Jacob Brown was a man of many hats at Barnsley.
He first got his chance as an emergency full-back, played on the left but mostly on the right, as winger or up front almost like a Yorkshire version of Mame Diouf.
But the key stat that was getting him noticed by clubs across the Championship last season was his number of assists (nine) to help his side stay in the division. He got three second assists too, the passes before the pass that led to a goal.
Now he has joined Stoke City as Michael O’Neill’s fifth signing of the summer and his versatility will be an asset as the manager changes between systems this season.
But in what role will he be used in the long-term?
O’Neill said: “Jacob can play right in a 4-3-3, he can play up top in a 3-5-2 and, with a bit of work, he can play right wing-back too. Certainly physically he has the attributes to play there.
“We’ve only just had him in the building training so we’re not going to pigeon hole his position from Day One but what we’ve brought in is a young player with versatility, a young player with a real high number of assists in the division last year in a team that was fighting to stay in in the division as well. He was a massive part of Barnsley’s survival.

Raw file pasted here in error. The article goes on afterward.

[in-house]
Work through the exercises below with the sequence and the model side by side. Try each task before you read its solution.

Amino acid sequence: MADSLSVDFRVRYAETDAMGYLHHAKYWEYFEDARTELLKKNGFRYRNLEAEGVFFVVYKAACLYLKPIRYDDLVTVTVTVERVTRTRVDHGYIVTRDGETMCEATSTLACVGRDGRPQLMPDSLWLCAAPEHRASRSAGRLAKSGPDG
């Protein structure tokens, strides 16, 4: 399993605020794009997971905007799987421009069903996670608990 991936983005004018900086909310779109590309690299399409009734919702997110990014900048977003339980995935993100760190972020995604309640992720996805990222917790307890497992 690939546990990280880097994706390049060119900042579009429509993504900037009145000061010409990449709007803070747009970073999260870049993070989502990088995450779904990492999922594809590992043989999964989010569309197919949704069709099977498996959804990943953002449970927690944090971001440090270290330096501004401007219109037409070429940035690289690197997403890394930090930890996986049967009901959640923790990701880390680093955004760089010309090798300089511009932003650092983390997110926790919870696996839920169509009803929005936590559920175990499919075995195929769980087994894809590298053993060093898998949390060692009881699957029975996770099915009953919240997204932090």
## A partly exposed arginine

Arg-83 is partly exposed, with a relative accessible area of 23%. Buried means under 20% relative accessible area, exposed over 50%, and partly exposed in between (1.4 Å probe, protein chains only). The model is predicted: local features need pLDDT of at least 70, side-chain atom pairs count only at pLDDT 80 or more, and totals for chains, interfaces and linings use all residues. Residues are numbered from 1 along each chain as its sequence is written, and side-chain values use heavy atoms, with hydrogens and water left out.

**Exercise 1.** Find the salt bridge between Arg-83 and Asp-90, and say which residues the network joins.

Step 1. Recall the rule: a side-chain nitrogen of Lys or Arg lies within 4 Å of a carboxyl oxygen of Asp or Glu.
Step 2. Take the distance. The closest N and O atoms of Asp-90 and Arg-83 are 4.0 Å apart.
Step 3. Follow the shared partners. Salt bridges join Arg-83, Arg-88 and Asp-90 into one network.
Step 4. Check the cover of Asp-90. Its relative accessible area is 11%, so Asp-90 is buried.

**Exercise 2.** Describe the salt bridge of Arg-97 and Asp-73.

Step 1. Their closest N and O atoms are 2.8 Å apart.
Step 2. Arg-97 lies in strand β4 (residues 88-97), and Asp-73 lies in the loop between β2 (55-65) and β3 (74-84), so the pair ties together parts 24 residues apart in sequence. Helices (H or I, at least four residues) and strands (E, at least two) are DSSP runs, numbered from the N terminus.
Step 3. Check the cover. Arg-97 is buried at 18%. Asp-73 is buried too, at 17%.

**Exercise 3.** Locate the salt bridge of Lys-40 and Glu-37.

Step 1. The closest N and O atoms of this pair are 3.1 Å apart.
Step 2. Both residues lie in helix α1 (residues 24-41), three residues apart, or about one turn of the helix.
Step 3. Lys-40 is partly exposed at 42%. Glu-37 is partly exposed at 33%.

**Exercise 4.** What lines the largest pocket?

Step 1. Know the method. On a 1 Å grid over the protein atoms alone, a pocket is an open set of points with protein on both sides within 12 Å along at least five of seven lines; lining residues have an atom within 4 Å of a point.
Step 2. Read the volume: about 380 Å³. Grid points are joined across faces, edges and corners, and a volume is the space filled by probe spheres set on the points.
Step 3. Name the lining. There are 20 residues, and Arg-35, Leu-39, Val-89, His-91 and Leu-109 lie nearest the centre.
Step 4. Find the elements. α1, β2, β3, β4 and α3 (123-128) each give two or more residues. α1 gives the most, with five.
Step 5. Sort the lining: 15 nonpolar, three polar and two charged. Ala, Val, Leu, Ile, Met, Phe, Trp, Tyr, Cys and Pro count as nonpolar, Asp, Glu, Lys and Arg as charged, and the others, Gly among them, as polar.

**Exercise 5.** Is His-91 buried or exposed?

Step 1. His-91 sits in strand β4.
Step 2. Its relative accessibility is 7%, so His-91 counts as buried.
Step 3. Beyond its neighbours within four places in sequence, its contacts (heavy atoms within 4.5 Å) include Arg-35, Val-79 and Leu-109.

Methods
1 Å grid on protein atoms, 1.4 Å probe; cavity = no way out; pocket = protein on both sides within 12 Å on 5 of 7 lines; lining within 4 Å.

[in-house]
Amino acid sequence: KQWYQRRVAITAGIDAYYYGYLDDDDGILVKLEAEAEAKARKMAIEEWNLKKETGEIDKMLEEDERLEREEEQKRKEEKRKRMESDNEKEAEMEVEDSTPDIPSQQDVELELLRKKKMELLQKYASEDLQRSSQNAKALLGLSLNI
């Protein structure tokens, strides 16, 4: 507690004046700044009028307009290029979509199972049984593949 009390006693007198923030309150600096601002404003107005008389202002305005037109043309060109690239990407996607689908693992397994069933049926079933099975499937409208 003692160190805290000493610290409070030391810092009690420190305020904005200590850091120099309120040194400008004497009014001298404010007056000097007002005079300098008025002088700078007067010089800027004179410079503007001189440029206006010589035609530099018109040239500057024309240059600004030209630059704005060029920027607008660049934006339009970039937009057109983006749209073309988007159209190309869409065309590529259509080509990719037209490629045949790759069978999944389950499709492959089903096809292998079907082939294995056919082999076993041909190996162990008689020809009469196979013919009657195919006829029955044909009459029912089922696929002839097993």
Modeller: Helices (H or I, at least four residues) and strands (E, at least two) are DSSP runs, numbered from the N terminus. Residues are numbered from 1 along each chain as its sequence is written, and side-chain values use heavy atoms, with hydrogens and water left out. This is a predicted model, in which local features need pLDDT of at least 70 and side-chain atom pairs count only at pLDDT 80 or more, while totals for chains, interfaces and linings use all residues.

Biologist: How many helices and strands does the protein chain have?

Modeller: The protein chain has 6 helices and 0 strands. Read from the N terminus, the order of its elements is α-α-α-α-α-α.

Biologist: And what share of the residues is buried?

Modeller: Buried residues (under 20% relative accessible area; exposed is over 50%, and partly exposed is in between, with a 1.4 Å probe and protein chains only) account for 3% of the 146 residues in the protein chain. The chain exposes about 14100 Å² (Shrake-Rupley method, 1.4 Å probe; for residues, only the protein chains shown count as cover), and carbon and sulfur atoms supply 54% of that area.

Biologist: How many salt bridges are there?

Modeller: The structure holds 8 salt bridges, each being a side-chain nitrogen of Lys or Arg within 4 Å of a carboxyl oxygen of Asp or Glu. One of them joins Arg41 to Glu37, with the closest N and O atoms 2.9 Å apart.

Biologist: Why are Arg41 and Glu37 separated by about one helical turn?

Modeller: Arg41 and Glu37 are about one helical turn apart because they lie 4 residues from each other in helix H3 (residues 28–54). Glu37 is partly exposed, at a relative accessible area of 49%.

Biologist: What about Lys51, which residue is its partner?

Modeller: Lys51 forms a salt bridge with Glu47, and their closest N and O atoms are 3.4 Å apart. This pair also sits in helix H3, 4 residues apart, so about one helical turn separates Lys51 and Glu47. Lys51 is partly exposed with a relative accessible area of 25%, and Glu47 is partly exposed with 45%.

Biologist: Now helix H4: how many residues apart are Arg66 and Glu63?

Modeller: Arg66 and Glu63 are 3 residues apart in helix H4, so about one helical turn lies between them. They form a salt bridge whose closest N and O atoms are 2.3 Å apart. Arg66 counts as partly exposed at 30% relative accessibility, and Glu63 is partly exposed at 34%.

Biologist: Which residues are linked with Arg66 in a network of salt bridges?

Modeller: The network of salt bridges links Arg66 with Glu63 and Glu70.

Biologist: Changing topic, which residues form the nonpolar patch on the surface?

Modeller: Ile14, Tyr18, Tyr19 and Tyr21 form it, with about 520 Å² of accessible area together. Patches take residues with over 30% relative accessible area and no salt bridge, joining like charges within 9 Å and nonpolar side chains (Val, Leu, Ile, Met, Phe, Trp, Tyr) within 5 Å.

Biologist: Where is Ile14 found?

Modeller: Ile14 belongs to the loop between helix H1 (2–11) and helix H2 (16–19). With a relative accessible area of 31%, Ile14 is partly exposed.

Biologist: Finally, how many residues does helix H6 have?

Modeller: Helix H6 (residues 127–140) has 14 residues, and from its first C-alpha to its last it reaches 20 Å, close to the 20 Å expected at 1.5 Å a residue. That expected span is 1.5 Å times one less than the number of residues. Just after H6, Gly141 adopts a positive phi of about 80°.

“He is a player over time that will develop and he will naturally, I think, settle down and make one position his own.
“It’s our job as coaches to refine and help him with that but I’m not too bothered about finding an exact position for him at this minute in time.
“He’s part of the squad and he’ll challenge in the positions I’ve mentioned.”
It’s Conor Chaplin and Cauley Woodrow that Brown has been setting up most regularly, whether or not they have finished the move.
He assisted five goals for Chaplin from 16 shots – and 12 shots for Woodrow, who didn’t stick any home.
The 22-year-old will provide competition for Tom Ince and Tyrese Campbell on the right wing or seemingly Campbell, Lee Gregory and Benik Afobe as the second striker next to Sam Vokes and Steven Fletcher in a two-up top.